L = N1 + N2
where N1, N2 are the total number of Operators and Operands. This could be interpreted as counting statements as in LOC and weighing them with their complexity (number of arguments). Corresponding to N1, N2 Halstead defines n1, n2 to be the number of unique operators and operands and uses them to estimate program size to
Lg = n1(log2n1) + n2(log2n2)
Halstead also defines a measure for complexity he calls program volume V and derives the number of bugs B from it
V = L(log2(n1+n2)), B = V / 3000
Because of their formal nature, many tools are capable of computing these metrics. There usefulness however is not clear (to me).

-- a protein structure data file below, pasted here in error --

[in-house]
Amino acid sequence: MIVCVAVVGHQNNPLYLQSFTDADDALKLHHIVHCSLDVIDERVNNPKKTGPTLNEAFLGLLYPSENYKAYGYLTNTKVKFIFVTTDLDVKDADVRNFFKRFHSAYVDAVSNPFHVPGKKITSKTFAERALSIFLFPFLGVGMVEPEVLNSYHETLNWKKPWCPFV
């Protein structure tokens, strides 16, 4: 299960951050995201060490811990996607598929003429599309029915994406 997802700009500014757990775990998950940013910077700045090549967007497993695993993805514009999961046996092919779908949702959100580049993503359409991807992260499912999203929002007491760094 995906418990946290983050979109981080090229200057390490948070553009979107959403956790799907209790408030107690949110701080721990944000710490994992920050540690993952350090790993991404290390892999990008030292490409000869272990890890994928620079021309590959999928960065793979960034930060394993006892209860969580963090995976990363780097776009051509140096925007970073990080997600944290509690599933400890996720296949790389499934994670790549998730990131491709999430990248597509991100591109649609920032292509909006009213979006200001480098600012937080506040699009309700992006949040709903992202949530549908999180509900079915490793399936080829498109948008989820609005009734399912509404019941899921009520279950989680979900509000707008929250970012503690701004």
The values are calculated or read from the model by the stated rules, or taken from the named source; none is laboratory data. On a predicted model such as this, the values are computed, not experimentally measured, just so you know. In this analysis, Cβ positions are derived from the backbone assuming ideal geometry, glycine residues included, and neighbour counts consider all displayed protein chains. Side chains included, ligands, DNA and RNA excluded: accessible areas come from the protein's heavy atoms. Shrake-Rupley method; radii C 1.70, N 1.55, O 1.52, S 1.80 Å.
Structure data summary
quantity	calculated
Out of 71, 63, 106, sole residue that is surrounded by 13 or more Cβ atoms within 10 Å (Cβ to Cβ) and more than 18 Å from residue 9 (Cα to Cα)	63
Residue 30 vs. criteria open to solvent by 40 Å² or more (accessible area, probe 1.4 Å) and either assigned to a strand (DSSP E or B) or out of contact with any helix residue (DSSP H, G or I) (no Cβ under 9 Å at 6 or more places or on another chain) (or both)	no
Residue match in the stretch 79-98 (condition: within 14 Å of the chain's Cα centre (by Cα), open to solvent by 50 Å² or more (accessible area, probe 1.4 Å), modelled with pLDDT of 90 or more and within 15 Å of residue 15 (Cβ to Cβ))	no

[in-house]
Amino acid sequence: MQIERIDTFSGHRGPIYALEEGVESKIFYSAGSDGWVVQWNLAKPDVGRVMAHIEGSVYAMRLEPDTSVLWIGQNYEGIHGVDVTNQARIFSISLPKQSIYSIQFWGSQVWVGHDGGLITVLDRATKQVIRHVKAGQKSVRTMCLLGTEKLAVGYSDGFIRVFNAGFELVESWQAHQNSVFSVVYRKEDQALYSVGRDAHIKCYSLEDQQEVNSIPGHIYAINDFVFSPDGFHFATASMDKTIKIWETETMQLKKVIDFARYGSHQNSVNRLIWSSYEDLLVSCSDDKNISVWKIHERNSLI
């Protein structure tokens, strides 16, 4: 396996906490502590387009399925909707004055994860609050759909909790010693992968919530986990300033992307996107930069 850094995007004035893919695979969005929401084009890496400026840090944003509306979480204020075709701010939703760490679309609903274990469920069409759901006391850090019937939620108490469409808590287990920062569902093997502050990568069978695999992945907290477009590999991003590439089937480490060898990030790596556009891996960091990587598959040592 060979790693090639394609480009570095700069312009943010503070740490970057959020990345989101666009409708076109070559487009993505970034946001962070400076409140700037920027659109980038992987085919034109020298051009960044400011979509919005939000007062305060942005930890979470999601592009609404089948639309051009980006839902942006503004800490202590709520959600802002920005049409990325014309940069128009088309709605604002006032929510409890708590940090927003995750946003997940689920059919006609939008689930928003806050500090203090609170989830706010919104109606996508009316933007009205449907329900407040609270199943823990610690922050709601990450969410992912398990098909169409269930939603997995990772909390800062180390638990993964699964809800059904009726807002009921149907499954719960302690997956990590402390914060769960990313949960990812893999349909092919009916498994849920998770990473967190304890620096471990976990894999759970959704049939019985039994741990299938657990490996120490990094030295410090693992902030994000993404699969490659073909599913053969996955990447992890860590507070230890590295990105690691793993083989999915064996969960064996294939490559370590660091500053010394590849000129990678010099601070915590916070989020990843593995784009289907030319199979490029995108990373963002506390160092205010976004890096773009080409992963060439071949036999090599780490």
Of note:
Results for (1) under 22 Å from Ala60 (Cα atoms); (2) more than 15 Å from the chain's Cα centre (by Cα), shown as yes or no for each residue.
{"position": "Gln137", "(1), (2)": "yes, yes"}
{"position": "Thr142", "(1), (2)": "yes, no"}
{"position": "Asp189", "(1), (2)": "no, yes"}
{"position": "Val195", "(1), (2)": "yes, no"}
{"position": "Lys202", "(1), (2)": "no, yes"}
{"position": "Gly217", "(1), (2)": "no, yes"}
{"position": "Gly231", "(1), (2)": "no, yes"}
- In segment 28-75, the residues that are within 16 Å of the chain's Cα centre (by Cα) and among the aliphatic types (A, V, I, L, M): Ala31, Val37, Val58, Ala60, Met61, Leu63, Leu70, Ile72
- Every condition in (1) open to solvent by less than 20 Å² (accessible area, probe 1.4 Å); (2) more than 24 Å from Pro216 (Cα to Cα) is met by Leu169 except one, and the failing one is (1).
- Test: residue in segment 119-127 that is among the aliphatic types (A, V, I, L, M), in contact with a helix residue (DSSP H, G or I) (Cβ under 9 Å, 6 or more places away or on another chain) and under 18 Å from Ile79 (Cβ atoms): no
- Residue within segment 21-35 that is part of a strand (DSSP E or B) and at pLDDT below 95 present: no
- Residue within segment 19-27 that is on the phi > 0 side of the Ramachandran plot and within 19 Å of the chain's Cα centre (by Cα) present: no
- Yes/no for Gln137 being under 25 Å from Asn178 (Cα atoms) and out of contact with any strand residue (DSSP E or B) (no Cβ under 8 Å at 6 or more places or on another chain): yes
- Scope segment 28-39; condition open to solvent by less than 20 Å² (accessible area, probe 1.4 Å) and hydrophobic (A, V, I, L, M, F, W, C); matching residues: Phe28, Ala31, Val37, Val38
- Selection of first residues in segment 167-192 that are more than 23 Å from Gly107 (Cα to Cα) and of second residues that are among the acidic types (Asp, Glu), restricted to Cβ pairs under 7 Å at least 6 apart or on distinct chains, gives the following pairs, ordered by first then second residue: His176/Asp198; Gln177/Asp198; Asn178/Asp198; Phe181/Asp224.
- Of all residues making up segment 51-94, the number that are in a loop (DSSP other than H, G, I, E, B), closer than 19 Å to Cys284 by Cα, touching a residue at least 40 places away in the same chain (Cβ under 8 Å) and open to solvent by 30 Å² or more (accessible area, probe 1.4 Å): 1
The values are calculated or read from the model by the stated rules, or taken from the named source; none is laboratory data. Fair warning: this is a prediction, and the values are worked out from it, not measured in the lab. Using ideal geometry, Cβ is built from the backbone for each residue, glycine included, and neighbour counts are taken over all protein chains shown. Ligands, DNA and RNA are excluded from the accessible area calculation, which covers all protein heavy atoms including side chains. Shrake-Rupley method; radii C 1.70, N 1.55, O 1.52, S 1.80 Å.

where G is the number of edges and K is the number of nodes. In a structured program (without jump's or goto's) this corresponds to the number of enclosed areas in the control-flow graph increased by 1. A linear sequence of statements does not add to complexity. For every branch with n exits complexity increases by n-1. For an if-statement n is 2 and the increase in complexity is 1 - no matter if there is an else or not. Loops also increase the complexity by 1, b/c every loop can be interpreted as containing an implicit if-statement to decide wether to continue or abandon the loop. McCabe gives 10 as a complexity limit where redesign of a module is advisable.
Se=e1(inflow*outflow) + e2(fan_in*fan_out)
where e1=1 and e2=1 are weights, inflow and outflow are the number of arguments and return values received from and passed to other modules and fan_in, fan_out are the number of modules that can call this module or can be called by it, respectively.
The metric for internal design stress does not as closely model cohesion. It is defined as